Sensitivity evaluation and selective plane imaging geometry for x-ray-induced luminescence imaging

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Abstract

Purpose:

X-ray-induced luminescence (XIL) is a hybrid x-ray/optical imaging modality that employs nanophosphors that luminescence in response to x-ray irradiation. X-ray-activated phosphorescent nanoparticles have potential applications in radiation therapy as theranostics, nanodosimeters, or radiosensitizers. Extracting clinically relevant information from the luminescent signal requires the development of a robust imaging model that can determine nanophosphor distributions at depth in an optically scattering environment from surface radiance measurements. The applications of XIL in radiotherapy will be limited by the dose-dependent sensitivity at depth in tissue. We propose a novel geometry called selective plane XIL (SPXIL), and apply it to experimental measurements in optical gel phantoms and sensitivity simulations.

Methods:

An imaging model is presented based on the selective plane geometry which can determine the detected diffuse optical signal for a given x-ray dose and nanophosphor distribution at depth in a semi-infinite, optically homogenous material. The surface radiance in the model is calculated using an analytical solution to the extrapolated boundary condition. Y2O3:Eu3+ nanoparticles are synthesized and inserted into various optical phantom in order to measure the luminescent output per unit dose for a given concentration of nanophosphors and calibrate an imaging model for XIL sensitivity simulations. SPXIL imaging with a dual-source optical gel phantom is performed, and an iterative Richardson–Lucy deconvolution using a shifted Poisson noise model is applied to the measurements in order to reconstruct the nanophosphor distribution.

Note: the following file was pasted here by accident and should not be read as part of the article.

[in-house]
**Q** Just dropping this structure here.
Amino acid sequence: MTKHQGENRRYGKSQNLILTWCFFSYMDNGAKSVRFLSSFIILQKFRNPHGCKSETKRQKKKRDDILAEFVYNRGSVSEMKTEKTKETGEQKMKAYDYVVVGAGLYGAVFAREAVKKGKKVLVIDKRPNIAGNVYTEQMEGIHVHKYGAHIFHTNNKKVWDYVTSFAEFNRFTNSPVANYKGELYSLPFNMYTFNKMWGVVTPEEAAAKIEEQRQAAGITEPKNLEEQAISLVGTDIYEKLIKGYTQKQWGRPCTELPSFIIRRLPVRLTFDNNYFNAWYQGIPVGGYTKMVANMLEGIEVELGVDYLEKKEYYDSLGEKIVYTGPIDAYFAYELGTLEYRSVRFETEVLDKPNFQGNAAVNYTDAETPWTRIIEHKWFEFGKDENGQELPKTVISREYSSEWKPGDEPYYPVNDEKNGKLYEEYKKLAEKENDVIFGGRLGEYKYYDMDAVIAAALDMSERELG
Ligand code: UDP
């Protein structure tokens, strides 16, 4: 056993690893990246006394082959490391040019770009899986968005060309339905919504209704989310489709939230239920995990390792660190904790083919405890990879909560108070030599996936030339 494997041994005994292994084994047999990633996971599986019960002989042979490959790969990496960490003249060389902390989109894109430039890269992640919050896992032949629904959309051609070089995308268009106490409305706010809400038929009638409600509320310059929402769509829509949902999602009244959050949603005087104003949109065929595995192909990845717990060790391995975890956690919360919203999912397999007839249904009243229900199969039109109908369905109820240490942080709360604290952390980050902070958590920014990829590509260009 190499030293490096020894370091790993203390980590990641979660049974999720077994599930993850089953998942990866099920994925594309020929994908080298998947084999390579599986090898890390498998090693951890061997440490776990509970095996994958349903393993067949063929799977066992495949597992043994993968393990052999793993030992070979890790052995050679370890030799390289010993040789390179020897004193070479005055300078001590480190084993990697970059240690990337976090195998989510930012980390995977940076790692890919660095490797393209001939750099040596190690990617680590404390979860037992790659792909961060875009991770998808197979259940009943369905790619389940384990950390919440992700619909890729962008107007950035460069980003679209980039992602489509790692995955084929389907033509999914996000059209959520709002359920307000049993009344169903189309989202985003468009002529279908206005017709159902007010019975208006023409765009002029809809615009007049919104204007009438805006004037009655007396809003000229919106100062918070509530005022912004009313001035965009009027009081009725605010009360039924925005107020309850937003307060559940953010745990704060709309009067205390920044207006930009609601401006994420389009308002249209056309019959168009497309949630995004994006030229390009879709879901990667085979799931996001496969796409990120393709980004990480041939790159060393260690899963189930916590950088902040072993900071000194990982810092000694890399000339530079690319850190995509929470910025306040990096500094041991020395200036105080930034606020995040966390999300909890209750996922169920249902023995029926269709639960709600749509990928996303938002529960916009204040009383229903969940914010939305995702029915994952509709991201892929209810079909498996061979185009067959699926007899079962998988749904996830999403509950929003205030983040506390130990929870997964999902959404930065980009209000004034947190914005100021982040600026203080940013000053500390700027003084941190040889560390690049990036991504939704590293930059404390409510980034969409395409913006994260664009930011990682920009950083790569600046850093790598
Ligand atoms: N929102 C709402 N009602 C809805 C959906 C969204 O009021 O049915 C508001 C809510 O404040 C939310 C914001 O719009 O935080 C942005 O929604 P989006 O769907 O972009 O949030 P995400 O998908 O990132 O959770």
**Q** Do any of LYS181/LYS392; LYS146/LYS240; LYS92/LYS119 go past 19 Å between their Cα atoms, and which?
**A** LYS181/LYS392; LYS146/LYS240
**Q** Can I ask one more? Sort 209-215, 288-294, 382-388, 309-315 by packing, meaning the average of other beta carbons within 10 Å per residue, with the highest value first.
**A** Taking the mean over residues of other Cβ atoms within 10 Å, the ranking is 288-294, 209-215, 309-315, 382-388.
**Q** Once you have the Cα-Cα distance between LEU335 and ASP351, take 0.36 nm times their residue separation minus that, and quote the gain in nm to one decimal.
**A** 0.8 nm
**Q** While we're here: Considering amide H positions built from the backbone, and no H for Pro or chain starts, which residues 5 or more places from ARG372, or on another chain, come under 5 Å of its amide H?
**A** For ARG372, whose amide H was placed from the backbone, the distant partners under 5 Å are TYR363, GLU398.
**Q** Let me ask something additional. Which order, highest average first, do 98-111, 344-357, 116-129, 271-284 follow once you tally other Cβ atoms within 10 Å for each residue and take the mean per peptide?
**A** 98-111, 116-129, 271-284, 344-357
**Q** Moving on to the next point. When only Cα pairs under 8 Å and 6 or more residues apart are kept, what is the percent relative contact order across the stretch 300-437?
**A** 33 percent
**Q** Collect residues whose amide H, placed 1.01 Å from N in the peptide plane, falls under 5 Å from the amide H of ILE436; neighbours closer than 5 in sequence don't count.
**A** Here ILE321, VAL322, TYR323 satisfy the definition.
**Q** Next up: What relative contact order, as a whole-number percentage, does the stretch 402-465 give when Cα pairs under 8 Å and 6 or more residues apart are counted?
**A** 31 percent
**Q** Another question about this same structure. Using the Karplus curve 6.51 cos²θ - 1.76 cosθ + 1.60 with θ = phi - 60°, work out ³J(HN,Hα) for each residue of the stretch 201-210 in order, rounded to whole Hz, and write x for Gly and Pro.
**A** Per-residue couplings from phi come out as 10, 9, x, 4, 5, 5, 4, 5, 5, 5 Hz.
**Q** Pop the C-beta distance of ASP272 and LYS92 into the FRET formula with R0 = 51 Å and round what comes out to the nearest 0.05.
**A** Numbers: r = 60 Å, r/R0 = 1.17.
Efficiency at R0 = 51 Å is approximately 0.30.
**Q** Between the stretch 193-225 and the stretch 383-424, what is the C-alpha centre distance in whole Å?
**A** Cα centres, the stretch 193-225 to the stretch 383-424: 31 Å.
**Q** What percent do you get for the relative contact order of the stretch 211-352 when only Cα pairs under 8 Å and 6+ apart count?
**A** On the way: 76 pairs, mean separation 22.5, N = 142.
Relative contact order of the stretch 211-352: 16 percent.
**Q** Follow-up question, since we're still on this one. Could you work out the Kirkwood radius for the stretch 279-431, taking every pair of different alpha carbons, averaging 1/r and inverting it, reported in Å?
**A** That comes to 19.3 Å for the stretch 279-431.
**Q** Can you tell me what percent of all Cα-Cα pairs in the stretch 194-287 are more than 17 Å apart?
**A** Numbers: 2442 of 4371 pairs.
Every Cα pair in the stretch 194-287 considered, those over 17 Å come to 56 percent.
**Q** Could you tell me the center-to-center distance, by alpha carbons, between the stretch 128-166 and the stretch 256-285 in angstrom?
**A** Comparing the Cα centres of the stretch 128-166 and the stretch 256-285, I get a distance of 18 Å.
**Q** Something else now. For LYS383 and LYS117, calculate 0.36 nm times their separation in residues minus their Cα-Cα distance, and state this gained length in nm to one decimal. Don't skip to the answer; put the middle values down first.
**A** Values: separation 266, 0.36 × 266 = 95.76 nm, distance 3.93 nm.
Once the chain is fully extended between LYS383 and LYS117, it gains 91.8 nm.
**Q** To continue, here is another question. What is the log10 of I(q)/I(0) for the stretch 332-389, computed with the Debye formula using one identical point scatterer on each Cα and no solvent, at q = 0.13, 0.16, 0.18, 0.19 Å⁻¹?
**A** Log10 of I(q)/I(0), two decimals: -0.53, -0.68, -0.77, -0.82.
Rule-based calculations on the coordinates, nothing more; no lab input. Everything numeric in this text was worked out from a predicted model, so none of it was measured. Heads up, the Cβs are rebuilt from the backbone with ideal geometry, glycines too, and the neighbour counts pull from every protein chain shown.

Results:

Nanophosphor characterizations showed a peak emission at 611 nm, a linear luminescent response to tube current and nanoparticle concentration, and a quadratic luminescent response to tube voltage. The luminescent efficiency calculation accomplished with calibrated bioluminescence mouse phantoms determines 1.06 photons were emitted per keV of x-ray radiation absorbed per g/mL of nanophosphor concentration. Sensitivity simulations determined that XIL could detect a concentration of 1 mg/mL of nanophosphors with a dose of 1 cGy at a depth ranging from 2 to 4 cm, depending on the optical parameters of the homogeneous diffuse optical environment. The deconvolution applied to the SPXIL measurements could resolve two sources 1 cm apart up to a depth of 1.75 cm in the diffuse phantom.

Conclusions:

We present a novel imaging geometry for XIL in a homogenous, diffuse optical environment. Basic characterization of Y2O3:Eu3+ nanophosphors are presented along with XIL/SPXIL measurements in optical gel phantoms. The diffuse optical imaging model is validated using these measurements and then calibrated in order to execute initial sensitivity simulations for the dose-depth limitations of XIL imaging. The SPXIL imaging model is used to perform a deconvolution on a dual-source phantom, which successfully reconstructs the nanophosphor distributions.

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